Reacting to the Past

What happens when you throw a group of very vocal, quick-witted, and theatrically inclined college professors into a room to debate the partitioning of India in 1947?  Controlled bedlam.

Barnard entrance

That’s how it felt to play the India Game at Barnard College for two days as part of an Annual Conference dedicated to Reacting to the Past, an innovative method of classroom learning developed by Mark Carnes, a history professor at Barnard about 10 years ago.

The Diana Educational Center at Barnard

Carnes created Reacting to the Past to help his students empathize with real life characters in the past and to imagine history not as a set of dry, lifeless facts but as a dynamic range of emotions and ideas exchanged between people, usually on opposing sides of an issue.

Comfy furniture in the Diana Center

Reacting, as folks who practice fondly call it, consists of elaborate games, set in the past, in which students are assigned roles informed by classic texts in the history of ideas. Class sessions are run entirely by students; instructors advise and guide students and grade their oral and written work. It seeks to draw students into the past, promote engagement with big ideas, and improve intellectual and academic skills. They can be powerful experiences.

Reacting classroom at Barnard - let the debate begin!

When I played the India Game at Barnard College for two days during their annual summer conference (June 11-12, 2011), I was part of the Muslim league and advocated for the partitioning the country into two separate countries: India and Pakistan. During the game, which was more like a two-day long debate, some people deeply identified with their roles and even wore costumes to get into the spirit of the game, as pictured below.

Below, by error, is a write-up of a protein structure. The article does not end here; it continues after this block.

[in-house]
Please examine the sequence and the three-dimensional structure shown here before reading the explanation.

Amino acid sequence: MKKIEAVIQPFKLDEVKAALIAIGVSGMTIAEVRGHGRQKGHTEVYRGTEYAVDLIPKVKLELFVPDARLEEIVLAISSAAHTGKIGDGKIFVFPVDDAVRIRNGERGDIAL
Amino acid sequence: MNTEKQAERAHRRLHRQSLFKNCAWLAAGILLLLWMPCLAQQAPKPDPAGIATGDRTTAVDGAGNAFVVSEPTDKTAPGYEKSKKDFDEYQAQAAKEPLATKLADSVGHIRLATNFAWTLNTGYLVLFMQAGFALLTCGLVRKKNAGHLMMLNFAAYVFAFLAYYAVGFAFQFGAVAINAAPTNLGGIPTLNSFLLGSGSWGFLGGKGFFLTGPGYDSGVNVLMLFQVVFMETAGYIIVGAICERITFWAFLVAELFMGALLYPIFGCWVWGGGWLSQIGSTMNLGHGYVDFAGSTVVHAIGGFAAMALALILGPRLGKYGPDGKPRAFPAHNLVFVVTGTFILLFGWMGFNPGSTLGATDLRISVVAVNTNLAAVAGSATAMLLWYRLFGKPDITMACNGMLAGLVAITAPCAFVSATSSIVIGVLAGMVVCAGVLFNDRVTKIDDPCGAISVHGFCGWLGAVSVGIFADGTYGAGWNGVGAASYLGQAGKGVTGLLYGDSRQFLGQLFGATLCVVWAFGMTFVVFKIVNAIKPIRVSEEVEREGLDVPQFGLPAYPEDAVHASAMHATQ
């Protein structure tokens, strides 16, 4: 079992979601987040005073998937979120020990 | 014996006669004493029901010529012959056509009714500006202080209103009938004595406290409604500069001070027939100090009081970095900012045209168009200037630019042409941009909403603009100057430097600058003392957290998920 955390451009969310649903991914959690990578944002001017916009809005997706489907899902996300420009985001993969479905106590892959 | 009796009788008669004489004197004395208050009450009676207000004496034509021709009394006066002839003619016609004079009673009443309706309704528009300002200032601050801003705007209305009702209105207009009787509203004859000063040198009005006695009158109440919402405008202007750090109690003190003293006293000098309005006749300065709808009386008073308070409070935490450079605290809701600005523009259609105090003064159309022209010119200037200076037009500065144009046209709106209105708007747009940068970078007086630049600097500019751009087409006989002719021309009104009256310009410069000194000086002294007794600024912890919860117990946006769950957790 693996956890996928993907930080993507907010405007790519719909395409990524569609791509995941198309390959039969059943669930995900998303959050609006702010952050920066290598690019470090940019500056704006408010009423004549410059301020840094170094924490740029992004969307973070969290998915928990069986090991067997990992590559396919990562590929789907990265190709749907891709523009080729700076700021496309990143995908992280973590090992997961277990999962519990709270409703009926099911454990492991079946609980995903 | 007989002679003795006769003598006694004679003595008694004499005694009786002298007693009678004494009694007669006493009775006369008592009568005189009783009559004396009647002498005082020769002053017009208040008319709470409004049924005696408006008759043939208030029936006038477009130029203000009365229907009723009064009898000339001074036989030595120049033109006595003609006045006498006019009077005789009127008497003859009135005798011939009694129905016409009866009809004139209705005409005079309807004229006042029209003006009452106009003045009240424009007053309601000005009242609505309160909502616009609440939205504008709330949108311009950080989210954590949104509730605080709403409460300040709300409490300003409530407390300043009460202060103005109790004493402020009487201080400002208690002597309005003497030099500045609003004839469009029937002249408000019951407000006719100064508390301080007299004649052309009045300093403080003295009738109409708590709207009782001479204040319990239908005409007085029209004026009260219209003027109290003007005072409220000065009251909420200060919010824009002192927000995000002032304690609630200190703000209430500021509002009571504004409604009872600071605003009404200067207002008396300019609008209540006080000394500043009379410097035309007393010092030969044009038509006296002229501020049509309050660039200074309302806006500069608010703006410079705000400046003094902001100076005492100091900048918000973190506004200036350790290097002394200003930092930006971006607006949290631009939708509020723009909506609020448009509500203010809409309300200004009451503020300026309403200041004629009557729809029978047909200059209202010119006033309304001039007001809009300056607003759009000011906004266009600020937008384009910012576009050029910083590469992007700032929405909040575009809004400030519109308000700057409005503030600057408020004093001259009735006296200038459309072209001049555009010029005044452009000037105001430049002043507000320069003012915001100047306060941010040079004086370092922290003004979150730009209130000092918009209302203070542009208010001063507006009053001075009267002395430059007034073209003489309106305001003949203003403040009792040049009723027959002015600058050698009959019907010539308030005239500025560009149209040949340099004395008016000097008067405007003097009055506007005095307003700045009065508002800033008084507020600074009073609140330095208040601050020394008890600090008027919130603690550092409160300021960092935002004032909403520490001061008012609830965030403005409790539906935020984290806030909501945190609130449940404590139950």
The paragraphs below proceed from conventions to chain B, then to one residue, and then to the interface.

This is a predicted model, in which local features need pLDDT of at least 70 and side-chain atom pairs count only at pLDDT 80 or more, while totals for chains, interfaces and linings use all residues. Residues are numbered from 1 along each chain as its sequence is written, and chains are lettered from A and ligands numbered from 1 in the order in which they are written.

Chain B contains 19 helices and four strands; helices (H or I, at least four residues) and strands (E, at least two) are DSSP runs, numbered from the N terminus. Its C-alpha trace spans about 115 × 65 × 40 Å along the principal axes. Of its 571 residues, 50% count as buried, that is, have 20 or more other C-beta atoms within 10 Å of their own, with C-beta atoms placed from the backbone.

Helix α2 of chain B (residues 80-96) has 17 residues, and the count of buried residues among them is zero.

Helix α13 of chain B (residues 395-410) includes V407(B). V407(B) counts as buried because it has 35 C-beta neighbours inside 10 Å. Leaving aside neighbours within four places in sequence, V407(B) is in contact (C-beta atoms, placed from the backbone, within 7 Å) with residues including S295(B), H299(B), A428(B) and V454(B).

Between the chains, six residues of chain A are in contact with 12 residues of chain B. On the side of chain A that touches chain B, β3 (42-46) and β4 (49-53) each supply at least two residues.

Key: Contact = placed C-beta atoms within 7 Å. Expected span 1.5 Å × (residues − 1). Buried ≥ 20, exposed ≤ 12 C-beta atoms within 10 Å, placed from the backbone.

A member of the Muslim League in Himalayan-style garb

I didn’t wear exotic garb but I did learn to identify with Muslims in India at the time of partitioning and now have a better understanding of the forces at play at the time, from the desperate situation of many dispossessed rural Indians, to the vocal anarchy of the Communists, to the idealism of Gandhi, to the fundamentalism of some Hindu Nationalists, to the driving push for autonomy advocated by Muslims.

Professors Ainslee Embree and Larry Carver, India Game facilitators

The Reacting game at Barnard provided a great way to travel back in time to India for a couple of days—minus the jet lag and crazy, crowded streets. Along the way, I had lots of fun and met some really interesting faculty who facilitate Reacting games in their classrooms, which has got me thinking how I might incorporate aspects of Reacting to the Past into gallery experiences with college students at the Rubin Museum…stay tuned.

If you’re interested in learning about an innovative and engaging method of college classroom learning, check out Reacting to the Past:


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